Insurers and other distributors given wake up call on non-disclosure by Financial Ombudsman Service after complaints rise 60%.
By Ralph Savage
The Financial Ombudsman Service has provided insurers with clear evidence of the urgent need to update their question sets at point of sale.
The body which handles consumer and small business complaints reported a 60% rise in the number of disputes over ‘non disclosure’ in its annual review for the financial year 2012-2013.
The news was particularly pertinent this year after the FOS pointed out that new legislation in the form of the Consumer Insurances (disclosure and representations) Act, is already in place governing this practice and that distributors of insurance should be taking more careful notice.
“The number of complaints involving motor insurance continued to rise during the year – by 7% – following a 26% increase in the previous year. The proportion of motor insurance complaints we upheld in favour of the consumer – at 47% – also remained higher than in other areas. These trends continue to reflect the tougher economic times. But as we noted in last year’sannual review, they also reflect the increased number of entrenched disputes where neither side is prepared to reconsider their position or agree to informal mediation. Disappointingly, disputes over “non-disclosure” by the consumer rose by some 60% during the year. Many of these “non-disclosure” complaints could have been avoided if the insurer had asked the consumer clearer questions when they first applied for the policy. For example, we also continued to see problems where insurers asked only general questions about convictions, when they actually wanted to know specifically about any fixed penalty points. Our approach to complaints involving “non-disclosure” and misrepresentation has developed over many years – and is reflected in law in the new Consumer Insurance (Disclosure and Representation) Act 2012, which came into force on 6 April 2013. A number of “non-disclosure” complaints involved consumers who had used comparison websites that had confused them. This happened, for example, where the comparison sites had made certain assumptions about the consumer and had automatically filled in some of the information. We have talked about this with the Association of British Insurers (ABI) – as part of out work to feed our experience back to the insurance sector – and suggested where insurers might want to remove some of the ambiguity that can arise when consumers use these websites. During the year we continued to see cases where an insurer suspected that a claim was fraudulent – and made assumptions without asking the consumer for an explanation of what had happened. If the insurer had asked more questions in the first place – to help it decide whether any “non-disclosure” was innocent, inadvertent or deliberate – the dispute may never have arisen. There are often similar issues in disputes involving claims for stolen vehicles. To be able to establish that fraud has taken place there must be a very high degree of probability. This means more than just suspicion. In these cases, we check that a proper investigation has been carried out. This includes the insurer having the vehicle thoroughly examined and giving the consumer the opportunity to explain any apparent inconsistencies.”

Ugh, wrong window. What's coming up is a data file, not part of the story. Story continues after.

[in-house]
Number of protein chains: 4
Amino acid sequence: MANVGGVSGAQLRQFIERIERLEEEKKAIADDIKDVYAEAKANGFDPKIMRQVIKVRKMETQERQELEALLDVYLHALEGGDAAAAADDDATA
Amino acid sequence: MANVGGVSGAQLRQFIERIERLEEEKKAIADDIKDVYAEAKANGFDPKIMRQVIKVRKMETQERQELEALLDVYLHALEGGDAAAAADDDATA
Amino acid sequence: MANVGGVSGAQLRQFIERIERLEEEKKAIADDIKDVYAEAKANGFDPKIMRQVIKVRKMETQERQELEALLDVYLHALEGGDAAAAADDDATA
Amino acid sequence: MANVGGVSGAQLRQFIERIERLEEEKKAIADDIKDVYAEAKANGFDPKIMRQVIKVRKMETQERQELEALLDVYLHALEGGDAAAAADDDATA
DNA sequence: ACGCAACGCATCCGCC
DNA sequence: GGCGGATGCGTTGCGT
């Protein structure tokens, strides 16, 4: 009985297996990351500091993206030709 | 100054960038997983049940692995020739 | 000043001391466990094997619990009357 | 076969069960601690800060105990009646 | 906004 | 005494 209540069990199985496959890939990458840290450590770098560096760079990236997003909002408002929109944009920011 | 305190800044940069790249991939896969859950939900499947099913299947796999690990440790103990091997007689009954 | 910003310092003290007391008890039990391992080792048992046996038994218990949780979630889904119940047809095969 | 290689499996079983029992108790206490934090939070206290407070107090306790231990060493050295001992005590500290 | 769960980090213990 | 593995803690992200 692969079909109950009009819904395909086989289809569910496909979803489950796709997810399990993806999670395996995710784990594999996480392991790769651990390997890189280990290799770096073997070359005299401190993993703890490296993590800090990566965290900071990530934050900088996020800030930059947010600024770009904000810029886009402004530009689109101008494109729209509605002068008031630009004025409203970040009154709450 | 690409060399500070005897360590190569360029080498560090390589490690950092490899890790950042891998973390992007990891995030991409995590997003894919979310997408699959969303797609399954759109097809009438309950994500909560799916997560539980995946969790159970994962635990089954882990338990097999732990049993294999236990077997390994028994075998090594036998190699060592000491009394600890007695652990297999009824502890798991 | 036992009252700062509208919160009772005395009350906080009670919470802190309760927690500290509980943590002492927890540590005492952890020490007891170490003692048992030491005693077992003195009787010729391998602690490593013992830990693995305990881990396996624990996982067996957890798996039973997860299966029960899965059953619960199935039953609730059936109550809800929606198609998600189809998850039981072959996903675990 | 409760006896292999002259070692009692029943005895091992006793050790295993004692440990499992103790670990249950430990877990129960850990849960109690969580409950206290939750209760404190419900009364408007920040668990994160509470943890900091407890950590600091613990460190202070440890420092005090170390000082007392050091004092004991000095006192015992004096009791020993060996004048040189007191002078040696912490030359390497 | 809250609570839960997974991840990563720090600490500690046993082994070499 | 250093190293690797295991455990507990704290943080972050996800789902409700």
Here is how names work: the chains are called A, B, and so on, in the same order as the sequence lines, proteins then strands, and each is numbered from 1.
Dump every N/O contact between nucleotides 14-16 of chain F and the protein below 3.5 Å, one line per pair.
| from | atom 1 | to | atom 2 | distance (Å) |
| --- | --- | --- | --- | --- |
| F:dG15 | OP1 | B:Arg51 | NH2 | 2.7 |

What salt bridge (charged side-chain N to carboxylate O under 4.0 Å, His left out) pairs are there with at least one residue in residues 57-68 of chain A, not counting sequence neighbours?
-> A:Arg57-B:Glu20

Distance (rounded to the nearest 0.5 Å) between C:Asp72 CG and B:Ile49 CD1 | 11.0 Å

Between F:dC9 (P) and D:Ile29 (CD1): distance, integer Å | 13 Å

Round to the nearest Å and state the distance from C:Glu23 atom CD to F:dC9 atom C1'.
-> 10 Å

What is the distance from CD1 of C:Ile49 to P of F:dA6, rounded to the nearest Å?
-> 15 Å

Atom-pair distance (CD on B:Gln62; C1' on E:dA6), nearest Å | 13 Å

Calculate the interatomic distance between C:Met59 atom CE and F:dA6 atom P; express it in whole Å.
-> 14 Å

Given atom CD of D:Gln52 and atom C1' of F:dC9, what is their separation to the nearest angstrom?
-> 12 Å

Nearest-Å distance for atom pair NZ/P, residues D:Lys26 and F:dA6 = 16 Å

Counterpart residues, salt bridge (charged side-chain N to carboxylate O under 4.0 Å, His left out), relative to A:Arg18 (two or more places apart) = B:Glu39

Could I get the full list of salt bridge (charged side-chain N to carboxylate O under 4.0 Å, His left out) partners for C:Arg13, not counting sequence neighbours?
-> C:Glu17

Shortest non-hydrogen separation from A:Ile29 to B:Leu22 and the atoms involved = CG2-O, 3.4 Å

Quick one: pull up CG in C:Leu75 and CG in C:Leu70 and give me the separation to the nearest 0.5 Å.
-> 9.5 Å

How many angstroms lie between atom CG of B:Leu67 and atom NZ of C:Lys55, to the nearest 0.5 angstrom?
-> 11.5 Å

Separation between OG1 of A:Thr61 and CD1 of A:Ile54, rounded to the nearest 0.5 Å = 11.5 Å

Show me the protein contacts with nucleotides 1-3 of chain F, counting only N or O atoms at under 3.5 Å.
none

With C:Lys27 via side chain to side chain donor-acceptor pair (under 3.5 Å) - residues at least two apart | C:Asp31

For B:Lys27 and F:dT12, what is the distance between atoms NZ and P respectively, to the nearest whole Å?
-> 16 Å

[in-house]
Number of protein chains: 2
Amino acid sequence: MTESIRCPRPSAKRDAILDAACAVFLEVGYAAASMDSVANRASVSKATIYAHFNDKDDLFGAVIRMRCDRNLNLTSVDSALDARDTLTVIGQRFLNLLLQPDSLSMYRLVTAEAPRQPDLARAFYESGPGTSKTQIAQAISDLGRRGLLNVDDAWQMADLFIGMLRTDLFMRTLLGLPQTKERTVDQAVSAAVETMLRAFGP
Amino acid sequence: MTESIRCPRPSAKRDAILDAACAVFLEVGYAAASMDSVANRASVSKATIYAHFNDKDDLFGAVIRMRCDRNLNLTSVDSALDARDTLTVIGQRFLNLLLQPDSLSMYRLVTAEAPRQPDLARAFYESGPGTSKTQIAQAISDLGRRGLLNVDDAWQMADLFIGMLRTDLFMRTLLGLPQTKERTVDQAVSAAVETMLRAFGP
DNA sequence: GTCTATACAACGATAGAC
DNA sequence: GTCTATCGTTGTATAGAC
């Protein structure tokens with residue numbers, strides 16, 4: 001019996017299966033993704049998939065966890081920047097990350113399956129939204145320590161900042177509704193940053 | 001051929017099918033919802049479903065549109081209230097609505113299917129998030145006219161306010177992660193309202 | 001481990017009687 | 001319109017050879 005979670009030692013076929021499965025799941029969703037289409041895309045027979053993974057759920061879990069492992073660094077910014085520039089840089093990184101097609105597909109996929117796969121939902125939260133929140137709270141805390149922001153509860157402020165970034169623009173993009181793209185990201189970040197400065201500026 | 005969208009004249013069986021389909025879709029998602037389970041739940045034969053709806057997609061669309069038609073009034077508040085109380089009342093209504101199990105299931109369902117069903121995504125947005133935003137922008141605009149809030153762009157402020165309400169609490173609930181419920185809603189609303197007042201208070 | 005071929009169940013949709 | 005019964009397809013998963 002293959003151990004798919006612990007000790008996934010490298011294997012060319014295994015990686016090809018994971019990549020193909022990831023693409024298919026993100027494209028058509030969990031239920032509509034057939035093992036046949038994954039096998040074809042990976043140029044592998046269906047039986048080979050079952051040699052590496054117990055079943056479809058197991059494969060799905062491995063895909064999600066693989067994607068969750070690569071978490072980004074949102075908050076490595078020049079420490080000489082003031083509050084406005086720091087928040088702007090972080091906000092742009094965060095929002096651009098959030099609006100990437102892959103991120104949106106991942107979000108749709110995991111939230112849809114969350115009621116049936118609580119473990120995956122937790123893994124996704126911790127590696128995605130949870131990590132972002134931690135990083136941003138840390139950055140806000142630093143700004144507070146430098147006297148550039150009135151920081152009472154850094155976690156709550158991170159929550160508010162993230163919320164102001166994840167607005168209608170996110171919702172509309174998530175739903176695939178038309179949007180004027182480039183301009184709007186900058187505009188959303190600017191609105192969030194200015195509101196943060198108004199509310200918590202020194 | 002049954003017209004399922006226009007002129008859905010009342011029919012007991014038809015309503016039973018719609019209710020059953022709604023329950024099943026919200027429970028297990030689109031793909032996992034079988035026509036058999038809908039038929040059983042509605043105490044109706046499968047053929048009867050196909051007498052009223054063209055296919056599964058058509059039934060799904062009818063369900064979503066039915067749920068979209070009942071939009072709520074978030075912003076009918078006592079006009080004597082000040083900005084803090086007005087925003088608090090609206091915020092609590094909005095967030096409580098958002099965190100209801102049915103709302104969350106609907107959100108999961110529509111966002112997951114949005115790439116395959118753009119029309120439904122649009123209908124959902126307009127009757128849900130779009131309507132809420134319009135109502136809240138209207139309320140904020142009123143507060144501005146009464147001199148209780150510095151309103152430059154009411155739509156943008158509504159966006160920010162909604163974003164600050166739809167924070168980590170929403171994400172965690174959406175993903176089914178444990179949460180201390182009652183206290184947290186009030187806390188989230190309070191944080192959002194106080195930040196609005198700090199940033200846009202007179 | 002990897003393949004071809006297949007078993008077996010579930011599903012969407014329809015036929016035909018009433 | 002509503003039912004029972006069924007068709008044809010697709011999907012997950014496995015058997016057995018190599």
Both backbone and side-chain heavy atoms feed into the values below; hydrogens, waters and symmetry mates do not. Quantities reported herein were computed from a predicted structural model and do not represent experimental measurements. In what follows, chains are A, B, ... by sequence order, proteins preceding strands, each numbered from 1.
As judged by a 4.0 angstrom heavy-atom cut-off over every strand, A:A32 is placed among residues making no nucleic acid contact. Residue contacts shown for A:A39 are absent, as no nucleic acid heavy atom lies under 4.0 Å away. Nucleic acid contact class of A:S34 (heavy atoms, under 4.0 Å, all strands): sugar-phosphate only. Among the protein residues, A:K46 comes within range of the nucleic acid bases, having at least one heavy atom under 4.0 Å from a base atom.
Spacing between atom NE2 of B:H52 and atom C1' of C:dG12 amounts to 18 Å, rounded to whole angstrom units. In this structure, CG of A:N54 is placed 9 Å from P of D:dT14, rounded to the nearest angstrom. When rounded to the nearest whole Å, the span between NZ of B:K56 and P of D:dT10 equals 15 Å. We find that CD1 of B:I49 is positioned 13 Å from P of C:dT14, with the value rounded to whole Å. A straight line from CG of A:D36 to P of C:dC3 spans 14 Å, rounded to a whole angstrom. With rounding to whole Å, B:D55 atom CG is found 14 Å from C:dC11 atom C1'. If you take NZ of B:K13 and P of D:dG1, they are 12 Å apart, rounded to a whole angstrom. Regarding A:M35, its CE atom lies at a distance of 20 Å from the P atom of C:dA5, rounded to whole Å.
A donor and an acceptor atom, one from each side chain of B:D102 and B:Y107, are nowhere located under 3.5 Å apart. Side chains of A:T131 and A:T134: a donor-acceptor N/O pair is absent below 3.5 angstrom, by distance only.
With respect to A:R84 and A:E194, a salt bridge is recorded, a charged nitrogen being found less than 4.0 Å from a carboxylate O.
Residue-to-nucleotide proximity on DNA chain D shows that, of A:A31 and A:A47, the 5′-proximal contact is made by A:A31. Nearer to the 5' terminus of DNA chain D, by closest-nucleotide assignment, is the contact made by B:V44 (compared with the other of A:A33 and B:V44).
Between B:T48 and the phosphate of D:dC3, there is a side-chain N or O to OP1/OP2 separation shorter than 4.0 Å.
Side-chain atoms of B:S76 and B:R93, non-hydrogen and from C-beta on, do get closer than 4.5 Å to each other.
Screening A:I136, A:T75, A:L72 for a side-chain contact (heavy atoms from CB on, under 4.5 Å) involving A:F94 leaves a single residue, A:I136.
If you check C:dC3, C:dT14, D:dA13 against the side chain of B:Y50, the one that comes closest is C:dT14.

Stephen Netherway, Head of the Insurance and Reinsurance Group at CMS Cameron McKenna, says the situation could not have been made any clearer. “The Act itself is very much based on the FOS model and its naked intention is to increase the number of claims being paid out to consumers. On a practical level however, it is certainly the right time for brokers and insurers to update amongst other things point of sale documentation, websites and telephone transcripts; clarify processes for placements, mid-term adjustments and renewals.”